Now then, Abraham was the father of us all, but then we come in as heirs, heirs through faith, the same faith to be exercised in us and by us as Abraham exercised, the inclusive ground of which is righteousness. We often refer to that chapter, Rev. 12, in which a great battle is seen to be raging between the dragon, the serpent, the devil, the adversary, and the woman and her seed. There are two fragments in that chapter which make that ultimate battle one with the initial battle, "They overcame him because of the blood of the Lamb." Well, what does that mean? We know that it does not mean that there was any literal taking and applying of the blood, it was faith in the blood, it was their resolute and immoveable faith in the meaning and value of that blood, the blood of the everlasting covenant. That can be put in another way. In the blood of the Lord Jesus, God had made a covenant to the inheritance, and faith in that blood brings us as heirs into the inheritance. They overcame because of the blood, in other words, because of their faith in the blood. Then there is this other fragment. "The accuser of our brethren is cast down." The accuser. That is only coming at the same thing from another angle. Why is Satan here referred to as the Accuser? What is the object in bringing that up at this point? Why, the whole battle is raging upon this ground. If Satan can only undermine the faith of God's people in the value of the blood by bringing home to their acceptance that they are unrighteous, he has won, and so he accuses the brethren. He is working to accuse all the time, and if only he can get home his accusation, he has got the day. "They overcame him because of the blood of the Lamb", and the blood stands as the bulwark against the accusation of the Accuser. We are righteous, not in ourselves, but because of that blood. We are righteous; no sin can be imputed to us. Do you believe that absolutely?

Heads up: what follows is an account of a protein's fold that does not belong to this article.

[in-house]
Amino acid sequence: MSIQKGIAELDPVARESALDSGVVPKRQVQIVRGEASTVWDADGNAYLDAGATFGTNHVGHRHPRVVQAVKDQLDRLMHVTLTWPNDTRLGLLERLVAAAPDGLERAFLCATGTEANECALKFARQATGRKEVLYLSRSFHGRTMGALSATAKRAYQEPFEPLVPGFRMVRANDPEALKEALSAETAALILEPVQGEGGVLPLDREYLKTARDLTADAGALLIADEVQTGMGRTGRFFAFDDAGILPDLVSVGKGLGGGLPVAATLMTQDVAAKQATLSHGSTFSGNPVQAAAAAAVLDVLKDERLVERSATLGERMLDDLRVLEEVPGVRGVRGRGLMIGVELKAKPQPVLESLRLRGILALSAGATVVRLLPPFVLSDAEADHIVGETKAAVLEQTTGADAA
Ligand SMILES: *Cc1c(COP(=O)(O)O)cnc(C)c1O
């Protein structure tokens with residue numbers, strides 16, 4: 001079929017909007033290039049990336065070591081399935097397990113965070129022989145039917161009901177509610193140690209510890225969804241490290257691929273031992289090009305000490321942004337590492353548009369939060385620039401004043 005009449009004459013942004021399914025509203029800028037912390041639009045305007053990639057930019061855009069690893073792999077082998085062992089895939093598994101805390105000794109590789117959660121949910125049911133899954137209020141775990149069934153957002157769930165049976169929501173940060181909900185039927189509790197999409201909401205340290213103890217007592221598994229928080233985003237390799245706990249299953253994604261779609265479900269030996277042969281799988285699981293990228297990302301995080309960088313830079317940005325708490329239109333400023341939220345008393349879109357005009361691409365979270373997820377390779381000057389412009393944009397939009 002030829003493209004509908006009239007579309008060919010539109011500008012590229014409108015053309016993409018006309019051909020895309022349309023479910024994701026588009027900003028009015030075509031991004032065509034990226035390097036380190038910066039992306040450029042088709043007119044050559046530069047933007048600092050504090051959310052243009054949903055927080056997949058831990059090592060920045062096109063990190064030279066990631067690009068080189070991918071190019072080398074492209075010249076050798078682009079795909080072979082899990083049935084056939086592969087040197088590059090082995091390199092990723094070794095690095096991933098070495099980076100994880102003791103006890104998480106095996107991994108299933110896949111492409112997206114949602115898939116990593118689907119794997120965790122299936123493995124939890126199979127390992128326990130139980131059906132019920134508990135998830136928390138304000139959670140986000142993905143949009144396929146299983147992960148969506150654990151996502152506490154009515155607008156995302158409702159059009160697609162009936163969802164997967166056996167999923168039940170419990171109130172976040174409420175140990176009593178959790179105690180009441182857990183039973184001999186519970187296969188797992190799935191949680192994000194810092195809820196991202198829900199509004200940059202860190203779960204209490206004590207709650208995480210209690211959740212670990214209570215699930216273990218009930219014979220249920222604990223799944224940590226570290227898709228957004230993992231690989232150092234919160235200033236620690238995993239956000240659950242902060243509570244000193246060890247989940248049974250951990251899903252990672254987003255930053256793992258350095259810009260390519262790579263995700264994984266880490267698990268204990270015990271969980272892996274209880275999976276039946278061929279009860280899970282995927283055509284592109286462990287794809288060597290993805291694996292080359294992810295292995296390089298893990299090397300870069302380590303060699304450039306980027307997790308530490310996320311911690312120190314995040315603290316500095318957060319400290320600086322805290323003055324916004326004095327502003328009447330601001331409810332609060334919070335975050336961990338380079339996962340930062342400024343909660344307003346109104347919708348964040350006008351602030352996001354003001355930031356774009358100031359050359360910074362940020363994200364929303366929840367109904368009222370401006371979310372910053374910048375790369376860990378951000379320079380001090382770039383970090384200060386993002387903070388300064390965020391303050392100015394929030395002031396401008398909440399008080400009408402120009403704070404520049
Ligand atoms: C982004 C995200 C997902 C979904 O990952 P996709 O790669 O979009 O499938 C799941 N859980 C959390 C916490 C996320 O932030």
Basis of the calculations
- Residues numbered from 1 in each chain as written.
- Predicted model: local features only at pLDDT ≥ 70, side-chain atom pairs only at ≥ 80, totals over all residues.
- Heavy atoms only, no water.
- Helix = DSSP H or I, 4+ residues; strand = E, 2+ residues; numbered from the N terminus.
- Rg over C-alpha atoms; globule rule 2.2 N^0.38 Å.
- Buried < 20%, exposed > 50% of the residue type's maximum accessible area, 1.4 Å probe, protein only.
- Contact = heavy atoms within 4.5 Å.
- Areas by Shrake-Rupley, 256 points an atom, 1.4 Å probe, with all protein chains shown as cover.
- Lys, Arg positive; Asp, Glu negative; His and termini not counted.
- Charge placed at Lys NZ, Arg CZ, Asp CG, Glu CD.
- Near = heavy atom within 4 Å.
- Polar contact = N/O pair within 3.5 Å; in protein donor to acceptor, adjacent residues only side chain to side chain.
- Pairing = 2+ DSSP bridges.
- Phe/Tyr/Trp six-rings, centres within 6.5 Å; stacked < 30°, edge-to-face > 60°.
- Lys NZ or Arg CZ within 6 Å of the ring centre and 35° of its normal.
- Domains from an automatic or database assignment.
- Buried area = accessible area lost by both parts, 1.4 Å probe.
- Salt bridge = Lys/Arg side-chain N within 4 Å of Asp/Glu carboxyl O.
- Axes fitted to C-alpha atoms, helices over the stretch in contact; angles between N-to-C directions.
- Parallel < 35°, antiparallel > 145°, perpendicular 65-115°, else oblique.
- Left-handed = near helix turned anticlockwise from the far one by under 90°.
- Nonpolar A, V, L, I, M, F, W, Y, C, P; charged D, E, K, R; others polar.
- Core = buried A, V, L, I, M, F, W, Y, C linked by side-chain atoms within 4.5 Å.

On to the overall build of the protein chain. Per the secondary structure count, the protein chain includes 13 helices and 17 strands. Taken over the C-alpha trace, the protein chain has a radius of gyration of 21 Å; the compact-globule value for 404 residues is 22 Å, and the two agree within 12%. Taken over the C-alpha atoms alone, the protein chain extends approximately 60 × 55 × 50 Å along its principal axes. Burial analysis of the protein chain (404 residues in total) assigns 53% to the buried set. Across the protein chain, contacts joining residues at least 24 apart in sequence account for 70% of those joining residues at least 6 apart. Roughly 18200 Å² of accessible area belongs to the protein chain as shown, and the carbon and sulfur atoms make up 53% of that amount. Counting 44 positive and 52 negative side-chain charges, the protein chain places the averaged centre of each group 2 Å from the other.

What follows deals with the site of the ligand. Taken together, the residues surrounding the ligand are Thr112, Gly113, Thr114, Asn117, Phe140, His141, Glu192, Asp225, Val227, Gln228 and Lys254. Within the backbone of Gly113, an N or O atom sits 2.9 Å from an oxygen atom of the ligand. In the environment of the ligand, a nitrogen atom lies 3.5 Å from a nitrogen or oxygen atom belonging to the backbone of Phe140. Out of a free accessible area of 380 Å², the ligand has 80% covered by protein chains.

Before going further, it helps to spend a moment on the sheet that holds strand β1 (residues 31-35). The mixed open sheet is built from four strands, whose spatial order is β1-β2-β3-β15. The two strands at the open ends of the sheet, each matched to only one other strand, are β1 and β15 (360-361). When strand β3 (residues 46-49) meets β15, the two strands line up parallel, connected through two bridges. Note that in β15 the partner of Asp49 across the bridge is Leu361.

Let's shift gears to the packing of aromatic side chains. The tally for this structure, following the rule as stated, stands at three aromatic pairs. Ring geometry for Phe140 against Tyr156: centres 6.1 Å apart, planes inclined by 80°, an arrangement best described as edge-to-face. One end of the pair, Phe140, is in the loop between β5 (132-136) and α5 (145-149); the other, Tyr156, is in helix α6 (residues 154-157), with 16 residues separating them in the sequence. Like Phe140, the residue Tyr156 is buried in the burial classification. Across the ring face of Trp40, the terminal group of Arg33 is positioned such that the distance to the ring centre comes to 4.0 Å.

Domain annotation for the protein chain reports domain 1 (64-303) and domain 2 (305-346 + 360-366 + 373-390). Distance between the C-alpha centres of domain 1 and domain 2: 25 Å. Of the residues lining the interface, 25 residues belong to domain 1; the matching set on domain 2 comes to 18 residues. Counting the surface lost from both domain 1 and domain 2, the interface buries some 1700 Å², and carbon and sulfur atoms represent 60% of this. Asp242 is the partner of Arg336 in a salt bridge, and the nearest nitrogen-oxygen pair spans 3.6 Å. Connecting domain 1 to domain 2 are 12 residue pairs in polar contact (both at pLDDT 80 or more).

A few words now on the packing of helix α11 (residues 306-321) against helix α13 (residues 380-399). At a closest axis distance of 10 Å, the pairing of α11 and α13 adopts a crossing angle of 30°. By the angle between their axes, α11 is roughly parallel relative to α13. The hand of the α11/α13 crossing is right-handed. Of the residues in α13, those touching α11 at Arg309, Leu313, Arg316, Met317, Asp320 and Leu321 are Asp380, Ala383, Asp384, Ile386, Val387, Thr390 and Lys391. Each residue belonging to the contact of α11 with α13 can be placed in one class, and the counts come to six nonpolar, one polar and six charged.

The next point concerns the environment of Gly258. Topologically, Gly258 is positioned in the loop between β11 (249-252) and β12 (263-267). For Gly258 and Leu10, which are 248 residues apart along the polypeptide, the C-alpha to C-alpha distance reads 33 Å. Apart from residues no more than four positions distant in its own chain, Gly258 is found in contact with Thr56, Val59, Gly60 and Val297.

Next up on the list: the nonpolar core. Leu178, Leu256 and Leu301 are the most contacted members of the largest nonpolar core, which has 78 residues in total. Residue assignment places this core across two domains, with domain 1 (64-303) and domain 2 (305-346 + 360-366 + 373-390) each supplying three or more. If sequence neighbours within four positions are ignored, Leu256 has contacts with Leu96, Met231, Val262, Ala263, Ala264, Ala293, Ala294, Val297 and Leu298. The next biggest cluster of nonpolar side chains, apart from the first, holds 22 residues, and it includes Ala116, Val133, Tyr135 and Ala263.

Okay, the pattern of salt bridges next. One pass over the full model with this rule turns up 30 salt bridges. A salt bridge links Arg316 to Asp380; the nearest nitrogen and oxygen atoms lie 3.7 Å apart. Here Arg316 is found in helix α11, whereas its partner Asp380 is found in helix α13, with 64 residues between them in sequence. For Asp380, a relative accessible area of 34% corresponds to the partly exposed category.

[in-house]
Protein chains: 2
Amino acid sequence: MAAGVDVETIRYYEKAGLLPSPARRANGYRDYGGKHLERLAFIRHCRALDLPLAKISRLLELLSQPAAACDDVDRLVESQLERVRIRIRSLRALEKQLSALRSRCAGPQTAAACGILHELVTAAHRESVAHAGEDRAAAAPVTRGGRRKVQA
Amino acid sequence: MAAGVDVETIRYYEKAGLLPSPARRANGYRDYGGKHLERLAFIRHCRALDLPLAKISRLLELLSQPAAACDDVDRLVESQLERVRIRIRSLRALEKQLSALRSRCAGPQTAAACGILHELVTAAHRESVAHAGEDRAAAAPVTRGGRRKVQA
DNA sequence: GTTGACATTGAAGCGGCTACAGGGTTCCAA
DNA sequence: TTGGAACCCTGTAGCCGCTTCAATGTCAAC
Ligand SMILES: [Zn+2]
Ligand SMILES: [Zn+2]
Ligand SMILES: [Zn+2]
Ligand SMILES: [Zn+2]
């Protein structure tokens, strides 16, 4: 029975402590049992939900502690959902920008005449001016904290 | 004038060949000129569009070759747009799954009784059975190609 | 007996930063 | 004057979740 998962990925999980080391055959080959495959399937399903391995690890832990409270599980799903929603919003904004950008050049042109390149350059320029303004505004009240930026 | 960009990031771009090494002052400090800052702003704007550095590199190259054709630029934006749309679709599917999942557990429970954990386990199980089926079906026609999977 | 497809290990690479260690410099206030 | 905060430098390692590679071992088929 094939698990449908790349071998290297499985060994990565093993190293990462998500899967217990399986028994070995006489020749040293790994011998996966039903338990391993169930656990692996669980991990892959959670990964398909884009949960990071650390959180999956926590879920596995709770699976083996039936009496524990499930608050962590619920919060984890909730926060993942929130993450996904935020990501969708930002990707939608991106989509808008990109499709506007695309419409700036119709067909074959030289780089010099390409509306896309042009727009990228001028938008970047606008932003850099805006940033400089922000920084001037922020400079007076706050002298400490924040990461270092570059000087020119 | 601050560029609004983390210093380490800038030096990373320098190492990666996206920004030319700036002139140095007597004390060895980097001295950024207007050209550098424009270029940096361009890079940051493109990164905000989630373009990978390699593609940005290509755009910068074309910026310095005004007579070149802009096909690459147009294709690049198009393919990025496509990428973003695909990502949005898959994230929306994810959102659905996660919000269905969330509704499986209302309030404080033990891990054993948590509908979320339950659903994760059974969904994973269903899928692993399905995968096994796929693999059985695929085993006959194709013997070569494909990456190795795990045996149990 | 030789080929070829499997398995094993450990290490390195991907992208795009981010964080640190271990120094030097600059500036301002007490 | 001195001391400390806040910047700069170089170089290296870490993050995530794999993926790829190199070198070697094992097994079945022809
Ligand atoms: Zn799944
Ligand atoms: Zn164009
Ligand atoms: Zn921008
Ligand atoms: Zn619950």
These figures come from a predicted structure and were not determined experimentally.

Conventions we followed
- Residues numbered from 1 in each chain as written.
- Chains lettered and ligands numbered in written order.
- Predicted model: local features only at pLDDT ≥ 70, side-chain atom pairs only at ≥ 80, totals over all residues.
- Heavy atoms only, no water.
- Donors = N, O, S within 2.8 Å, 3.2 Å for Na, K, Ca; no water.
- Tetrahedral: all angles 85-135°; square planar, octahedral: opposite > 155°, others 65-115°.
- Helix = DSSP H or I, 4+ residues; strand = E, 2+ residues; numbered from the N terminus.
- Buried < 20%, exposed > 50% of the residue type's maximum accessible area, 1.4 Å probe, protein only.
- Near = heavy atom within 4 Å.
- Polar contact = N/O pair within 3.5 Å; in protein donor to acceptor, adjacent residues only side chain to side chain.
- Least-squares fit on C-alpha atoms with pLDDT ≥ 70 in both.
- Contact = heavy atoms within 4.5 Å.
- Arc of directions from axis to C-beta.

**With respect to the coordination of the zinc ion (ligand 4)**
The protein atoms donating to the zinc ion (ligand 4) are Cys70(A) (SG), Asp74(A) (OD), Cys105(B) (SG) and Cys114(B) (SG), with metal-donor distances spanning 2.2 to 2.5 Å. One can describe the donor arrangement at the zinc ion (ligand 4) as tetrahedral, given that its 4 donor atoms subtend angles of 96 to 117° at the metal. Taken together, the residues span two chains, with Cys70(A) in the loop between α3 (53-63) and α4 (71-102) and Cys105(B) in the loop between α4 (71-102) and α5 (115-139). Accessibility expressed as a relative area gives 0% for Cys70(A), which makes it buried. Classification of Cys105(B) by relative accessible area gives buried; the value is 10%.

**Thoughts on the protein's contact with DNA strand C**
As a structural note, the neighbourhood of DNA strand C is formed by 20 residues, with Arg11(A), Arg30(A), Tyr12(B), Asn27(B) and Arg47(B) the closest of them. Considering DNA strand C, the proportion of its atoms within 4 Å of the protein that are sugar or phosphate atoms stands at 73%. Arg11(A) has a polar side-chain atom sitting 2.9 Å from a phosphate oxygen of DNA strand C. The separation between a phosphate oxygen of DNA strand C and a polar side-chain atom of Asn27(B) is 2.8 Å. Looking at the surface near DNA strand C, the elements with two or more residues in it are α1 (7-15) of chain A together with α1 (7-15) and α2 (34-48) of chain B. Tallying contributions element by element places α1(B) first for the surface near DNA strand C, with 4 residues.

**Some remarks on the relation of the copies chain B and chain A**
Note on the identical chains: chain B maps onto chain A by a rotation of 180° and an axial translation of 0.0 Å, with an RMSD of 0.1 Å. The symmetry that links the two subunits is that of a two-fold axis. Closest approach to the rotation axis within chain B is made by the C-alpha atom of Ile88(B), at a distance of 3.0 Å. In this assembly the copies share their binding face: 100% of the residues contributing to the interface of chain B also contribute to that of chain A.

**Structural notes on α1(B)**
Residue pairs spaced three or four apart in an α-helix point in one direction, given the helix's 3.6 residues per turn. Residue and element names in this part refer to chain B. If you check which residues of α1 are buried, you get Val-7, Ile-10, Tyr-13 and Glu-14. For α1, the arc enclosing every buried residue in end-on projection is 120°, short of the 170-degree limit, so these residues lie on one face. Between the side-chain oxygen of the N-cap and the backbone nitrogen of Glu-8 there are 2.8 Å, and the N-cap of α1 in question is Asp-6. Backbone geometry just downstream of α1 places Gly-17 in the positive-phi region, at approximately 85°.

Look back at Romans 4 verse 8 quoting from David, "Blessed is the man to whom the Lord will not reckon sin." Is it possible? Does that belong to some future time, when we are perfect, when all is done and we stand glorified and the Lord no longer reckons sin? But now, now, on the ground of the blood of the Lord Jesus, the Lord reckons no sin to us. Yes, we are full of sin and God does not reckon it to us. We are righteous before God in Jesus Christ, because of the blood. Satan is always trying to get us off that ground, and so he pursues right to the end, and here you have it, right at the end: "The accuser of our brethren", and "They overcame... because of the blood." What is the key to the deposing of Satan? How will he be cast out? How will his dominion in the heavenlies be brought to an end? By faith in the blood of Jesus Christ which has been brought to the point of overcoming power, overcoming faith.

Now, you see, Abraham was taken through all that. As the father of us all in this matter, he was taken through it all. He was called out to the obedience of faith, but then, step by step and stage by stage, that faith was tested, tried, but he went triumphant through every ordeal. Sometimes he made a mistake, he took a wrong step; sometimes he failed for a moment, but in the long run he came out in faith in God. Whatever in himself there was of imperfection and weakness, in the main issue his faith in God and God's promise did not fail. He came out at last absolutely triumphant over everything that could be set against that faith, and became a father, and the inheritance was secured to him.